ballad telling about the hard life of farm work.
There’s a fairm toon up in Cairnie, that's kent baith far and wide
Tae be the Hash o Drumdelgie, upon sweet Deveronside
The fairmer o yon muckle toon, he is baith hard and sair
And the cauldest day that iver blaws his servants get their share
At five o’clock we quickly rise and hurry doon the stair
It's there tae corn oor horses, likewise tae straicht their hair
Syne, aifter workin half an oor, each tae the kitchie goes
It's there we get oor breakfast, which generally is brose
We haena got oor brose weel suppit, an gien oor pints a tie
Fin the foreman he cries "Oot, my lads, the oor is drawing nigh"
At sax the clock the mill’s put on, tae gie us aa straucht work
It taks fower o us tae mak tae her, till ye could wring oor sark
An fin the watter is put aff, we hurry doon the stair
Tae get some quarters through the fan till daylicht dis appear
Fin daylicht dis begin tae peep, an the sky begins tae clear
The grieve he cries "Come on my lads, ye’ll be nae langer here
“There's sax o you'll ging tae the ploo, and twa tae ca the neeps
And the baillies they'll be be aifter you wi strae raips roon their queets"
But fin that we were gyaun furth an turnin oot tae yoke
The sna dank on so thick an fast that we were like to choke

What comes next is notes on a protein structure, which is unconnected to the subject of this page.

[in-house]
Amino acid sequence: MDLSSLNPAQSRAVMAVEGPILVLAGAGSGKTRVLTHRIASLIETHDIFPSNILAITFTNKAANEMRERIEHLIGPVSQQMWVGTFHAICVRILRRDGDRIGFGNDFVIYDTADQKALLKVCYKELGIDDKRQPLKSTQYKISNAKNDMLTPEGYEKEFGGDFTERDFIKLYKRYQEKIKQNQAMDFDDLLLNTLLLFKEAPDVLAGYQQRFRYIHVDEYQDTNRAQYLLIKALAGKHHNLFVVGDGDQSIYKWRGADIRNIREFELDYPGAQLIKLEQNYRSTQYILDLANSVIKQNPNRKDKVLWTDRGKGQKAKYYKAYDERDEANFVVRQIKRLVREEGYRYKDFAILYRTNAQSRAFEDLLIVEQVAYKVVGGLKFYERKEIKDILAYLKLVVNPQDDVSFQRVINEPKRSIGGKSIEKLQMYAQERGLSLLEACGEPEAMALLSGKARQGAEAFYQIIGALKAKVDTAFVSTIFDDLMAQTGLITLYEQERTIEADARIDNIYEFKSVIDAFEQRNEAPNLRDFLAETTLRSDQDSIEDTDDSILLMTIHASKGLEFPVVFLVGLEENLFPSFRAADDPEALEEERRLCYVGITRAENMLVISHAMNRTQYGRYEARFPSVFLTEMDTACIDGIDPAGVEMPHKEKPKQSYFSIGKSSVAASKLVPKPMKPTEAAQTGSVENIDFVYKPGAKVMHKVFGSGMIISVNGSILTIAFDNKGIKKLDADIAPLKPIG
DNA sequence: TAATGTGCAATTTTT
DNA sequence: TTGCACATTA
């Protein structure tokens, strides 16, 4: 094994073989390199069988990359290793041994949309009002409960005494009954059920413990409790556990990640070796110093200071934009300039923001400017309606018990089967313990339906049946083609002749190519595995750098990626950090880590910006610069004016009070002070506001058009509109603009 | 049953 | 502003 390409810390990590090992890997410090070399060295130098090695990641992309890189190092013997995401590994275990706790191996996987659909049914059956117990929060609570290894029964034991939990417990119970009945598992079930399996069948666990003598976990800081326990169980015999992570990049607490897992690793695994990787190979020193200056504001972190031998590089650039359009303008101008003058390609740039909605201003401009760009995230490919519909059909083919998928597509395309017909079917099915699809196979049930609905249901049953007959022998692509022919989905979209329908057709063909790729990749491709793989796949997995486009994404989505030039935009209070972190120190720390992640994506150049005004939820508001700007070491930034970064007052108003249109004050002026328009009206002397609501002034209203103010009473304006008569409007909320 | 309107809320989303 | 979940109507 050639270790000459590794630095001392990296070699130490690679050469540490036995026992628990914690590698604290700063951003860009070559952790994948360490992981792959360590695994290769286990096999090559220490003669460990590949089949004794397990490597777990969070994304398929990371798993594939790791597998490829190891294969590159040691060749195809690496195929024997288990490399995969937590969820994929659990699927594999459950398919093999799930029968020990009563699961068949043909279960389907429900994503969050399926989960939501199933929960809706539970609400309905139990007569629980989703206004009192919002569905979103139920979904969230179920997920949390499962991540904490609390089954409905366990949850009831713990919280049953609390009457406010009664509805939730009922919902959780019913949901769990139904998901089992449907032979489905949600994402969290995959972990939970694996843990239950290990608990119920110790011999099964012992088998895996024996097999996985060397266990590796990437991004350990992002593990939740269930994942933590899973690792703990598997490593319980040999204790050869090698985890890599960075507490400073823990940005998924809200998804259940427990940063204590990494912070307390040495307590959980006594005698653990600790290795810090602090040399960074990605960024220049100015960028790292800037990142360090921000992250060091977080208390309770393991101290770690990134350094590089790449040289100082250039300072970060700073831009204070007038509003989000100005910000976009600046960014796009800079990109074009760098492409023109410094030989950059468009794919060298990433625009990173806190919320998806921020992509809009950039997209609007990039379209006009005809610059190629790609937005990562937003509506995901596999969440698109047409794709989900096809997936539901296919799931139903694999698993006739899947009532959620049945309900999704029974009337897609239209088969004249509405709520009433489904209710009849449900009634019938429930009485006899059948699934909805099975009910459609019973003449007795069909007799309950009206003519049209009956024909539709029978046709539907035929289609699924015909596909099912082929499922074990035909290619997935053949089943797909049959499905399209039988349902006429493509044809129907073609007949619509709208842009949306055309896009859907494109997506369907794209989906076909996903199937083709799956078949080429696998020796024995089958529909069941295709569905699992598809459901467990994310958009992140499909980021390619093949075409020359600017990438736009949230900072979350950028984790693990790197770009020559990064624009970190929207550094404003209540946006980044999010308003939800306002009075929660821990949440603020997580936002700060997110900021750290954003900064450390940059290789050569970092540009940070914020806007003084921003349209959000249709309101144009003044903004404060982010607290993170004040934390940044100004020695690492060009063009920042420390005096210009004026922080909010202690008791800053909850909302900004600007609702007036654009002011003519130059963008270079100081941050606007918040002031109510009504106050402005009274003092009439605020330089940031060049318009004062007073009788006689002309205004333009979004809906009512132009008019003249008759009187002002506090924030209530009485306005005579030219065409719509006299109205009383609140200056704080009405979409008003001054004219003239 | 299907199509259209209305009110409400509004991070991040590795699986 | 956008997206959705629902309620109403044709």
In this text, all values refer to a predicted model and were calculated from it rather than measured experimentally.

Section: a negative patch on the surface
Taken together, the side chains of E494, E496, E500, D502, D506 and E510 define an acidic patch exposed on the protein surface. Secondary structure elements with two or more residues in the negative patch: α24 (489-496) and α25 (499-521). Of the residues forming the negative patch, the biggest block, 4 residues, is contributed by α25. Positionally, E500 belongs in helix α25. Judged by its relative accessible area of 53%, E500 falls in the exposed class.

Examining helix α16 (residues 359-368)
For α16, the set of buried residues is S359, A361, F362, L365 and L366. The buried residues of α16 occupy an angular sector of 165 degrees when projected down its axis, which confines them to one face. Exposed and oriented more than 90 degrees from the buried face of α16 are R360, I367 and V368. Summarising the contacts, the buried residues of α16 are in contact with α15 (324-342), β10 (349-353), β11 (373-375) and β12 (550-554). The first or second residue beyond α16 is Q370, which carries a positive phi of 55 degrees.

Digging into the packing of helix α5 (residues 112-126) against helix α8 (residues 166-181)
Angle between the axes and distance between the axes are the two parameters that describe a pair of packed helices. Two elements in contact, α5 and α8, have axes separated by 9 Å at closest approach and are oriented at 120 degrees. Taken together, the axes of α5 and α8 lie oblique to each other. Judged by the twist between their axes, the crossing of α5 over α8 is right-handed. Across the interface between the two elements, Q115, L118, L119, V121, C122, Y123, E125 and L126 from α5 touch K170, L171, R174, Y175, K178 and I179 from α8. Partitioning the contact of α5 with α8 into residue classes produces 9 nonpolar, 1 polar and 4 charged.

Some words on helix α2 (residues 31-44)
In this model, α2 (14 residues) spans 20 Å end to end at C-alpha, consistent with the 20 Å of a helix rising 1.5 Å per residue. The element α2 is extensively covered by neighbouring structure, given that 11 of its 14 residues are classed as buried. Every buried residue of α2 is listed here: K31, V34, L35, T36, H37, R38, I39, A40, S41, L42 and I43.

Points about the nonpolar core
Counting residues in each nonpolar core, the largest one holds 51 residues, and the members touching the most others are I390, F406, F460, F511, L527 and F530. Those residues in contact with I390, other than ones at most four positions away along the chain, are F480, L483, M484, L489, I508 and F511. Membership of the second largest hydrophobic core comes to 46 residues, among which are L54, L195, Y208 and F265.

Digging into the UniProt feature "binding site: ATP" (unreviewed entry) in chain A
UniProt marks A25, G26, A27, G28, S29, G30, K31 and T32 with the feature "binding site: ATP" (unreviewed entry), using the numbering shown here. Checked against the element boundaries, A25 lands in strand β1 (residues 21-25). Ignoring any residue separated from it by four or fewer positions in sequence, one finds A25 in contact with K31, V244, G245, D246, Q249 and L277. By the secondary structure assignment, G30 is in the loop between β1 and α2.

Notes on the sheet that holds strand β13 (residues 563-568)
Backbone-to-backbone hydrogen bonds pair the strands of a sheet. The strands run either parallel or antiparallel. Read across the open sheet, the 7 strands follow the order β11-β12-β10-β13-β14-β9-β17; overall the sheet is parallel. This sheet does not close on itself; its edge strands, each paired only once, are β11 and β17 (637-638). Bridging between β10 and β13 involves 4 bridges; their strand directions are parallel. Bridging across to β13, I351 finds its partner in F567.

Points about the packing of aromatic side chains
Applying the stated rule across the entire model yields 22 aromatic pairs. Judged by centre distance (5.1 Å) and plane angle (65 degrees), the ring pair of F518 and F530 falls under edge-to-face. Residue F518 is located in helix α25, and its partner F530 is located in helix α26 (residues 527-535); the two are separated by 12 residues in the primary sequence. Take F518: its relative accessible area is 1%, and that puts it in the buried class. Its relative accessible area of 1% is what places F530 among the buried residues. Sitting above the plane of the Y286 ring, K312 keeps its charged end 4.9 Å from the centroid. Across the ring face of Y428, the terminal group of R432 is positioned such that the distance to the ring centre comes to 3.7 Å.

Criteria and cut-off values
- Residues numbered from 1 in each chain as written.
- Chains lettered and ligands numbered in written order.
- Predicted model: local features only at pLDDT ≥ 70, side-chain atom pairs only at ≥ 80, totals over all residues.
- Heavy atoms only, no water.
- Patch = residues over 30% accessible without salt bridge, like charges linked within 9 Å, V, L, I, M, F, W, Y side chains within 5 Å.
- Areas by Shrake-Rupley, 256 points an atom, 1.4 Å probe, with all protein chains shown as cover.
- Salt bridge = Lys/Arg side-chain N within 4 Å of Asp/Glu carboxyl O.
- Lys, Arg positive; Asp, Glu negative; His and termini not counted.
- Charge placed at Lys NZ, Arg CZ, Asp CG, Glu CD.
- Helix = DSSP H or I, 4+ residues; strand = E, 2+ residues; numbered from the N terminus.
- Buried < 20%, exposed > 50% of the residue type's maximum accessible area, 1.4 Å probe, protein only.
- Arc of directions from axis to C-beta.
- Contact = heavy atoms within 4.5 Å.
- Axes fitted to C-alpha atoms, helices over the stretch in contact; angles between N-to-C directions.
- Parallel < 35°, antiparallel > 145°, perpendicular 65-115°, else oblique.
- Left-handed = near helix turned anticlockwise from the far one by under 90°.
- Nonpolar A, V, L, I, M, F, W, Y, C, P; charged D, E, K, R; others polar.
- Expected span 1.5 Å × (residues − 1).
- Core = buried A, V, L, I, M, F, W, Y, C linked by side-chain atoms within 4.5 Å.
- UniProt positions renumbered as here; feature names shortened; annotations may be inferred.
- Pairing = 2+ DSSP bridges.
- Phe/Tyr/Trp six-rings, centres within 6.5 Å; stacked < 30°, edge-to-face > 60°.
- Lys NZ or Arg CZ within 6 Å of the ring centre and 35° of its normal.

The frost it wis sae very hard, the ploo she widna go
And sae oor cairtin days commenced amang the frost and sna
Oor horses being but young an sma, the cairts they didna fill
They aft required the saiddler chains tae drive them up the hill
But we will sing our horses' praise, though they be young and sma
For they far outshine the Broadland's anes that gyang sae full and braw
The termin time has come at last, and we will get wir brass
And we'll awa tae Huntly Fair tae hae a pairtin glass
And we'll gyang in tae Huntly toon an there gyang on the spree
And then the fun it will commence the quinies for tae see
Sae fare ye weel Drumdelgie, for I maun gyang awa
Sae fare ye weel Drumdelgie, yer weety weather and aa
Sae fare ye weel Drumdelgie, I bid ye aa adieu
And I'll leave ye as I got ye, a maist unceevil crew
The farm workers started work at 5am, and had to feed and groom their horses before they got a breakfast of ground oats or split peas, to which boiling water or milk had been added. Then twelve men had to turn the mill to grind more oats or pease.
Then they went outdoors to work, whatever the weather. Some went to plough the ground, others to cart the turnips in from the field - the turnips were used for winter feed for the animals. But the plough could not be used in the frozen earth, so they had to cart dung to spread on the land.
The tune is better known as ‘The Irish Jaunting Car’.
See more information about bothy ballads HERE.